Outlaw Christian, Jacqueline A. Bussie. Nashville: Nelson Books, 2016.
Summary: Challenges the “unwritten rules” of Christianity that respond with denial or cliches when faced with the hardest challenges of evil, pain, suffering, doubt, and death and invites both honest responses and offers reality-based hope.
Jacqueline Bussie is tired of the hackneyed clichés Christians throw out when faced with hard situations for which there really are no glib answers. She knows, having grown up in a family that either didn’t talk about their pain or used some of the same answers. Eventually she started breaking the “unwritten laws” of how Christians are supposed to speak and act, and discovered that in fact, there were good models for doing the same in the pages of scripture. People got angry with God, mourned, doubted, and sat with others as they poured out all these things, allowing them to be utterly honest, and giving the one gift they had, being with the. She writes,
“The name outlaw Christian describes the kind of Christian I am and the kind I’m setting myself to become: namely, a follower of Jesus who no longer accepts cocky clichés, hackneyed hope, or snappy theodicies–defenses of God’s goodness and power–that explain away evil and suffering with a theo-magical sleight of hand. An outlaw Christian doesn’t condemn questions or discourage doubt. Instead, an outlaw Christian seeks to live an authentic life of faith and integrity, and chooses to defy the unwritten laws governing suffering, grief, and hope that our culture and our religious traditions have asked us to ingest” (p. 5-6).
The first law she deals with is that we should never get mad at God, which is blasphemy. She observes that Job, the Psalms, and Ecclesiastes are bluntly honest and angry with God, and in the end, it is Job who is vindicated and not his friends. We only get really angry with those we really love and take seriously. Far more deadly is indifference.
The second law is that which forbids doubt because it is thought to be the opposite of faith and thus sin. Bussie shows that doubt is actually a part of the life of faith and good–it opens us up to ambiguity rather than holds onto “certainty,” is honest, creative, and open, builds community as we support each other, and drives us to action.
The third law is to never question. I so appreciated this because I’ve seen many thoughtful young people turn away from the faith simply because they were using the brains God gave them and asking good questions and told to “stuff it.” She observes that the journals of Mother Teresa are full of her questions and struggles to believe. She notes how much of scripture is filled with laments that ask, “how long?”
The fourth law she discusses is “to always speak in clichés about suffering and evil.” She then proceeds to name them:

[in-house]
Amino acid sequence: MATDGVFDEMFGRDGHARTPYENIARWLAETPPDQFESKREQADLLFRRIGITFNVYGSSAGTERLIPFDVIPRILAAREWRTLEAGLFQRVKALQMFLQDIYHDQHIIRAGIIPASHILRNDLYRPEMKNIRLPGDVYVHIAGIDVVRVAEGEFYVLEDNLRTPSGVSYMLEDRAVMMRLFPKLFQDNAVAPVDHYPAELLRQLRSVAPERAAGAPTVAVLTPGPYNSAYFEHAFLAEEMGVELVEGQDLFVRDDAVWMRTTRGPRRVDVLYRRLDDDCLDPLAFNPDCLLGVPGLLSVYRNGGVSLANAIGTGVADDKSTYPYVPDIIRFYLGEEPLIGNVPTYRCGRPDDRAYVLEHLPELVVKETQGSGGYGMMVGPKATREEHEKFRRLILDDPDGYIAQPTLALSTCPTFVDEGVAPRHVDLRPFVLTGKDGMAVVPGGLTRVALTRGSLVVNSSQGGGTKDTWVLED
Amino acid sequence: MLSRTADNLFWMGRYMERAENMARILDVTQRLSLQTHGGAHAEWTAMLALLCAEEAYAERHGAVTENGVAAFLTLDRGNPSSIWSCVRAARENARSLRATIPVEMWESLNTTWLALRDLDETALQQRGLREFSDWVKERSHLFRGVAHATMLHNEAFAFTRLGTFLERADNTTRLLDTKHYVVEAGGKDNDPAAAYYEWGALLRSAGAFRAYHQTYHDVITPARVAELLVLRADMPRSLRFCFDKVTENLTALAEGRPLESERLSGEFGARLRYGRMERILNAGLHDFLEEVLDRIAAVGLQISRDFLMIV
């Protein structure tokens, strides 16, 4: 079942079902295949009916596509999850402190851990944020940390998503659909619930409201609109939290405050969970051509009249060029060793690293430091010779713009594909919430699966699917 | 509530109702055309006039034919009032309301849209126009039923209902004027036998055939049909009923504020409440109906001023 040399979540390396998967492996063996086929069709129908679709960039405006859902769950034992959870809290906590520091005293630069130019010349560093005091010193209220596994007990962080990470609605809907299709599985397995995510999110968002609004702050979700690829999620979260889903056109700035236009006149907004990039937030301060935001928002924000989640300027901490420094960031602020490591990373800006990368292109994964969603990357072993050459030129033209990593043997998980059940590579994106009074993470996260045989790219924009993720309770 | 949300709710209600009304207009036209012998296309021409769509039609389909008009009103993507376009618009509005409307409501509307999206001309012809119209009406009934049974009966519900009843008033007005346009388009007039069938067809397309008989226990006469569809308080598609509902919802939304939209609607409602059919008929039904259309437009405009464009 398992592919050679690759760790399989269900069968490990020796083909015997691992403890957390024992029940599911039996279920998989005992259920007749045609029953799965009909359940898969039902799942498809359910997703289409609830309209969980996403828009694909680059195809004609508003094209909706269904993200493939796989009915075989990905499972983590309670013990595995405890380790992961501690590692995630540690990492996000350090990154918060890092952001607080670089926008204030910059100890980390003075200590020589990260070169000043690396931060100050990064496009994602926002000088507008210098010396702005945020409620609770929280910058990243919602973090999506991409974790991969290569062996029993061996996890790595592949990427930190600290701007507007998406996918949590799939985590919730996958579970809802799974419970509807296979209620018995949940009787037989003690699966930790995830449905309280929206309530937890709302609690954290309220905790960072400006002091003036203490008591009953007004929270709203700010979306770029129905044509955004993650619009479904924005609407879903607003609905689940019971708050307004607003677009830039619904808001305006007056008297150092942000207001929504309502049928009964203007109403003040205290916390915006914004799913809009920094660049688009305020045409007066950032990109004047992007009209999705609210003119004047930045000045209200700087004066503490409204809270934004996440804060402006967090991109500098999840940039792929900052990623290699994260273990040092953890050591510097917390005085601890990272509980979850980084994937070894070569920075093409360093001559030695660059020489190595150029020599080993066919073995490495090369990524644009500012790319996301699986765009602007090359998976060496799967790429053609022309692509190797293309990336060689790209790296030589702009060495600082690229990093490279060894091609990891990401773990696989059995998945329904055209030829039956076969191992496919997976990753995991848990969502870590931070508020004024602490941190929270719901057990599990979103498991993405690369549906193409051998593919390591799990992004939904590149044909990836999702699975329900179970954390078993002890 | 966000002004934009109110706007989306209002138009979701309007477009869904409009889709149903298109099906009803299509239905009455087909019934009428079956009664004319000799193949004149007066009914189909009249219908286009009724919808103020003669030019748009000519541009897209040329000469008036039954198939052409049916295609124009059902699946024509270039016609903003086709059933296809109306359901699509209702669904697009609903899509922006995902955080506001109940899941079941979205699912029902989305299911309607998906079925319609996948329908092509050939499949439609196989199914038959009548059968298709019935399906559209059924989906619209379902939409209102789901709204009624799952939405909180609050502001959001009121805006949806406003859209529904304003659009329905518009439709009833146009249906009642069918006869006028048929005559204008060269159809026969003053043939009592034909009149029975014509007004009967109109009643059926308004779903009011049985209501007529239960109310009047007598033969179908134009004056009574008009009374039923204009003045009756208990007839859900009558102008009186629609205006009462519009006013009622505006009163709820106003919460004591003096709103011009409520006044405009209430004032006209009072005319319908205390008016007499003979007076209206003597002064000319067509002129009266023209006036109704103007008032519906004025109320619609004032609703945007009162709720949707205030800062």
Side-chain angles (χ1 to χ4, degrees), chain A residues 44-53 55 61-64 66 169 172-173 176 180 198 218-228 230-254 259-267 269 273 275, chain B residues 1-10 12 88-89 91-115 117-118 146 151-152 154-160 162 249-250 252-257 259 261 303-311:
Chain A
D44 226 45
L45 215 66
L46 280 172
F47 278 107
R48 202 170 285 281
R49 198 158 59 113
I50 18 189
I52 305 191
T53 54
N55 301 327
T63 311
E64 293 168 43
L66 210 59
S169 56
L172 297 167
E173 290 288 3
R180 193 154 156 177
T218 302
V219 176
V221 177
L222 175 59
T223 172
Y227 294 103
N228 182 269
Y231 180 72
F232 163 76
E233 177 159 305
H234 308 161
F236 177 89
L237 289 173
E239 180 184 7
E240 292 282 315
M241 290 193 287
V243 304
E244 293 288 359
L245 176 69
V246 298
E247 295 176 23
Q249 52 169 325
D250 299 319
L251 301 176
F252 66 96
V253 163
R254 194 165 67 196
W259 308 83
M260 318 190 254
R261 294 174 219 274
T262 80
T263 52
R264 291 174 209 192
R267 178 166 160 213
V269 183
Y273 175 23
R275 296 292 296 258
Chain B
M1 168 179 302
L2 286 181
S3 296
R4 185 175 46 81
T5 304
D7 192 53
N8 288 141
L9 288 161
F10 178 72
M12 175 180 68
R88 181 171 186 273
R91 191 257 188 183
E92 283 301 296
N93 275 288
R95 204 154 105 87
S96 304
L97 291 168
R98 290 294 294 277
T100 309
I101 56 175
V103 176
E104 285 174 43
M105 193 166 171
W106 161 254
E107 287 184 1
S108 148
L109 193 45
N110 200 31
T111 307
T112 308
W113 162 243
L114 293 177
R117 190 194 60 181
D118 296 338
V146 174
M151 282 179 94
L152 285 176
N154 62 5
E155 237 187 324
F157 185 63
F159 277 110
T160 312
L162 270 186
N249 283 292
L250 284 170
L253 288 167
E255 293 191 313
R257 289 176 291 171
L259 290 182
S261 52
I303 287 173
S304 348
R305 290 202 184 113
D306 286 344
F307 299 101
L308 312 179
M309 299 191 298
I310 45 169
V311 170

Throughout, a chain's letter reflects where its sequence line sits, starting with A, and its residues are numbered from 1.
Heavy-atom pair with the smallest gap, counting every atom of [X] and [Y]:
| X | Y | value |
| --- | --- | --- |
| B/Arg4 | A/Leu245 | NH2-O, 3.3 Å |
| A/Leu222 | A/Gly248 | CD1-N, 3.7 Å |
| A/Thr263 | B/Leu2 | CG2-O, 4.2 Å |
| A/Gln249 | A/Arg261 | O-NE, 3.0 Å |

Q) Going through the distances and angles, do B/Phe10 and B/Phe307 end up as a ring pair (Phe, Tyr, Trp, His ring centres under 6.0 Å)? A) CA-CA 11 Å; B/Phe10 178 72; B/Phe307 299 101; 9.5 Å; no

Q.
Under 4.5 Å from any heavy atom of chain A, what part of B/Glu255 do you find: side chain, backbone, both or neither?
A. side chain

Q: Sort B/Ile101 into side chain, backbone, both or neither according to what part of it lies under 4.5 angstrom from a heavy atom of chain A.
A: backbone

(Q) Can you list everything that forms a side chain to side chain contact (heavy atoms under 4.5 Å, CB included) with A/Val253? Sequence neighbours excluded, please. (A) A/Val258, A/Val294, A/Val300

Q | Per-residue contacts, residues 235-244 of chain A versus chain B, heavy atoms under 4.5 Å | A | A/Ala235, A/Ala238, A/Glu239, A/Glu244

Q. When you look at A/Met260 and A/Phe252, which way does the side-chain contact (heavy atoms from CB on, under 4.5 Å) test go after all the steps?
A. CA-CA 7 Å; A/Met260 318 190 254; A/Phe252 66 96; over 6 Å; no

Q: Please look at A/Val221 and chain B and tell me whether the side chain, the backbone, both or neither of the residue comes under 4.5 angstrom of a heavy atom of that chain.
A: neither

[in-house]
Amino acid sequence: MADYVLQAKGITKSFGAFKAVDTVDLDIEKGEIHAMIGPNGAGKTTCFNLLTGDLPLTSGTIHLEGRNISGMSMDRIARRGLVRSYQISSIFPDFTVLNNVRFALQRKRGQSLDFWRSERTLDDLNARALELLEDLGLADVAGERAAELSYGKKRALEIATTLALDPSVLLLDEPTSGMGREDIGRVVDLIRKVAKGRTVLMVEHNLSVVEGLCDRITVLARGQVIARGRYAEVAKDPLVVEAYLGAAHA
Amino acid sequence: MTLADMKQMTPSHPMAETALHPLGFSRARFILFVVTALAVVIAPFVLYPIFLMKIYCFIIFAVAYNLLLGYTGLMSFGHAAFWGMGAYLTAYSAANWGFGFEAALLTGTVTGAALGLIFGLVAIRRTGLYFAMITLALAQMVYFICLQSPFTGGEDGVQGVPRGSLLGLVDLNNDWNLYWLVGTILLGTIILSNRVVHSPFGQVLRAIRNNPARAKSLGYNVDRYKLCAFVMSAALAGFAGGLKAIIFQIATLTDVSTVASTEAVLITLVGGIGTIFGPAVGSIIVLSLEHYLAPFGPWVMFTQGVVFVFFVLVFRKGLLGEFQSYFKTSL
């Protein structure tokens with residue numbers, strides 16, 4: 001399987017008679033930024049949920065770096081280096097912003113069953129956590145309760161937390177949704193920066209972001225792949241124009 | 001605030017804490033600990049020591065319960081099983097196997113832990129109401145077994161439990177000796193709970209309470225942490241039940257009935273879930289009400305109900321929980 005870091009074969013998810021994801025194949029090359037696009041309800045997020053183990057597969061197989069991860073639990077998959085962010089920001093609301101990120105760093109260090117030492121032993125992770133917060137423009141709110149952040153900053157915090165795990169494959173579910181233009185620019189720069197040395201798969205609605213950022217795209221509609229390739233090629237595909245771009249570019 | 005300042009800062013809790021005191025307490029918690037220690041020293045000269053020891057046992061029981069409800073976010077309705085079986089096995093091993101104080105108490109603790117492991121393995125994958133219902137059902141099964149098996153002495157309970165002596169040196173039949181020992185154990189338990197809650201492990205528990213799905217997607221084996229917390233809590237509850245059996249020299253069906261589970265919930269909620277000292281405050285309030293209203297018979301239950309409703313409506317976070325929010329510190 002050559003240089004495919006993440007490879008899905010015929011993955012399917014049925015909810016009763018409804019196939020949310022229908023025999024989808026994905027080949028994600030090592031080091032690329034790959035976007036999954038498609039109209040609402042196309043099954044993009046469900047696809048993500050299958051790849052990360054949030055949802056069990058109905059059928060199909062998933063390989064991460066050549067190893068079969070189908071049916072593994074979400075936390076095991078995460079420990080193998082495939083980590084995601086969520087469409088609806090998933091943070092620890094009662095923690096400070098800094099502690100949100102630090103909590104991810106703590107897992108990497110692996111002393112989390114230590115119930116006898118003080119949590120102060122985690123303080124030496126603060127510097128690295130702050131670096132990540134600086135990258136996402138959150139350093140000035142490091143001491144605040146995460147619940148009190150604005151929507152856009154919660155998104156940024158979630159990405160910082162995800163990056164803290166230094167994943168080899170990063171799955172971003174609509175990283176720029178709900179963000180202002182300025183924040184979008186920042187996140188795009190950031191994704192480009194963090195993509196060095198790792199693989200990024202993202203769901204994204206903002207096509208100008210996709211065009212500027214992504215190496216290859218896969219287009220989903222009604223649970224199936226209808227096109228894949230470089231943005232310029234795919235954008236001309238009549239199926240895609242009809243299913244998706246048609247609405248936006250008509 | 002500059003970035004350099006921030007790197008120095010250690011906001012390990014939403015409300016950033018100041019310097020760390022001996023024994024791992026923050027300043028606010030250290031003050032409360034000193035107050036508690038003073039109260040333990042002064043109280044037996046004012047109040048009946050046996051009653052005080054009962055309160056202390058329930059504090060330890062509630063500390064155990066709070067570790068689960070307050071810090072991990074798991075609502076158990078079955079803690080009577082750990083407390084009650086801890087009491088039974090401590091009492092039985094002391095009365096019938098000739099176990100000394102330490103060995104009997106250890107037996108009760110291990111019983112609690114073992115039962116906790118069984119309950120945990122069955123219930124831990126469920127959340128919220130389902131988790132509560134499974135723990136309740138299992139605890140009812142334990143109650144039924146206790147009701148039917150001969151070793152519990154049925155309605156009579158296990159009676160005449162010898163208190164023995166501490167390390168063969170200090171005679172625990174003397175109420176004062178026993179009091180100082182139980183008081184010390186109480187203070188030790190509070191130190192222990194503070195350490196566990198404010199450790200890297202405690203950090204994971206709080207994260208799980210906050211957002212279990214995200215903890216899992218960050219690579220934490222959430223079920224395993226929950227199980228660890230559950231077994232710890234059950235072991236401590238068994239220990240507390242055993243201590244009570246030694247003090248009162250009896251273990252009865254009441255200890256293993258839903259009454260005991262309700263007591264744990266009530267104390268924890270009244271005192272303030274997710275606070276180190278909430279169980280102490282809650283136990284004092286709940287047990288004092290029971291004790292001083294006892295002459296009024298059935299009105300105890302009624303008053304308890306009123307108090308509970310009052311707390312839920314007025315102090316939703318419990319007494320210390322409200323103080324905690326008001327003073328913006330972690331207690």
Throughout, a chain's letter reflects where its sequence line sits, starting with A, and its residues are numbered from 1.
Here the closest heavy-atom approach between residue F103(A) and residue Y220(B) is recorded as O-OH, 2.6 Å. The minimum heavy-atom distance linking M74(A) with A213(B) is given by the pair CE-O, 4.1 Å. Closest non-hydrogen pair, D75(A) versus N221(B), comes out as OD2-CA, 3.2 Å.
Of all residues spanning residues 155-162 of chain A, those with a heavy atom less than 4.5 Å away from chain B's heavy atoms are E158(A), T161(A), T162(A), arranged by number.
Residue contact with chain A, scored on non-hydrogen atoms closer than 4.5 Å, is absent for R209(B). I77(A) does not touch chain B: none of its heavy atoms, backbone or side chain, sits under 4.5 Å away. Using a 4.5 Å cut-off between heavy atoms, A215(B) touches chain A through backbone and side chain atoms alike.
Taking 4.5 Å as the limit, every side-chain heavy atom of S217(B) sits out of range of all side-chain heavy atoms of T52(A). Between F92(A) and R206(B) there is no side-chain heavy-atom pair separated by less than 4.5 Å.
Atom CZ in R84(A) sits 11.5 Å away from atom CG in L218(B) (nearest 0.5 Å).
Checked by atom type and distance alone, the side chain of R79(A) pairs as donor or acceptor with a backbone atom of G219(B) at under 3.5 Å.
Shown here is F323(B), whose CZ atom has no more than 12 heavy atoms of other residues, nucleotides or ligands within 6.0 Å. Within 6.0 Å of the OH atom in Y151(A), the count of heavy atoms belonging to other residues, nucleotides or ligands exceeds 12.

- Evil is nothing except the absence of good.
- Evil is obvious. You will know evil when you see it.
- We need evil to grow closer to God and know what good is.
- Evil only describes really big, bad sins.
She argues that God doesn’t need us to defend God and doesn’t require us to spout these things.
The fifth and last law she covers is to never tell your real story because vulnerability is weakness. She argues that the greatest gift of love that brings meaning and sense in the midst of pain and senselessness is when we let people tell their stories without shame. It’s the way, she graphically writes, that we turn the garbage and crap in our lives into compost that gives life.
She doesn’t end here, however, but concludes by discussing how this radical authenticity with God and each other leads and can be turned to foster real hope. She begins by exposing the lies of hopelessness and talks about practical steps through which we cultivate hope and joy while “keeping it real.” Much of it, to me at least, boiled down to just paying attention to one’s life and to others, being as it were, a “hope sleuth.”
I have to admit, I was prepared for a book of Millennial clichés that in the end, I would say “meh” about. Instead, I found myself delighting in writing that was passionate about truth, unflinching in facing life’s hardest realities, and that pressed through pain to wonder. She’s both eloquent and gritty and I can see why her students say of her, “You are the only person who ever tells us the truth about anything.” She is vulnerable herself, as she describes the painful journey of losing her mother to early onset Alzheimer’s. Her own willingness to flout the clichés invites us into a deeper encounter with God that can be both angry and deeply love, can doubt and yet believe, can face unspeakable evil without giving up on goodness, can question and cling to God, and can reveal our garbage and yet know we are deeply loved.
This is a book I wish I had read much younger. I spent too many years keeping the unwritten laws and spouting the cliches, to the hurt of others and the deadening of my own soul. I’m glad for this voice that helps a new generation break free, hopefully sooner, of such soul-deadening things into real life.
Disclosure of Material Connection: I received this book free from the publisher. I was not required to write a positive review. The opinions I have expressed are my own.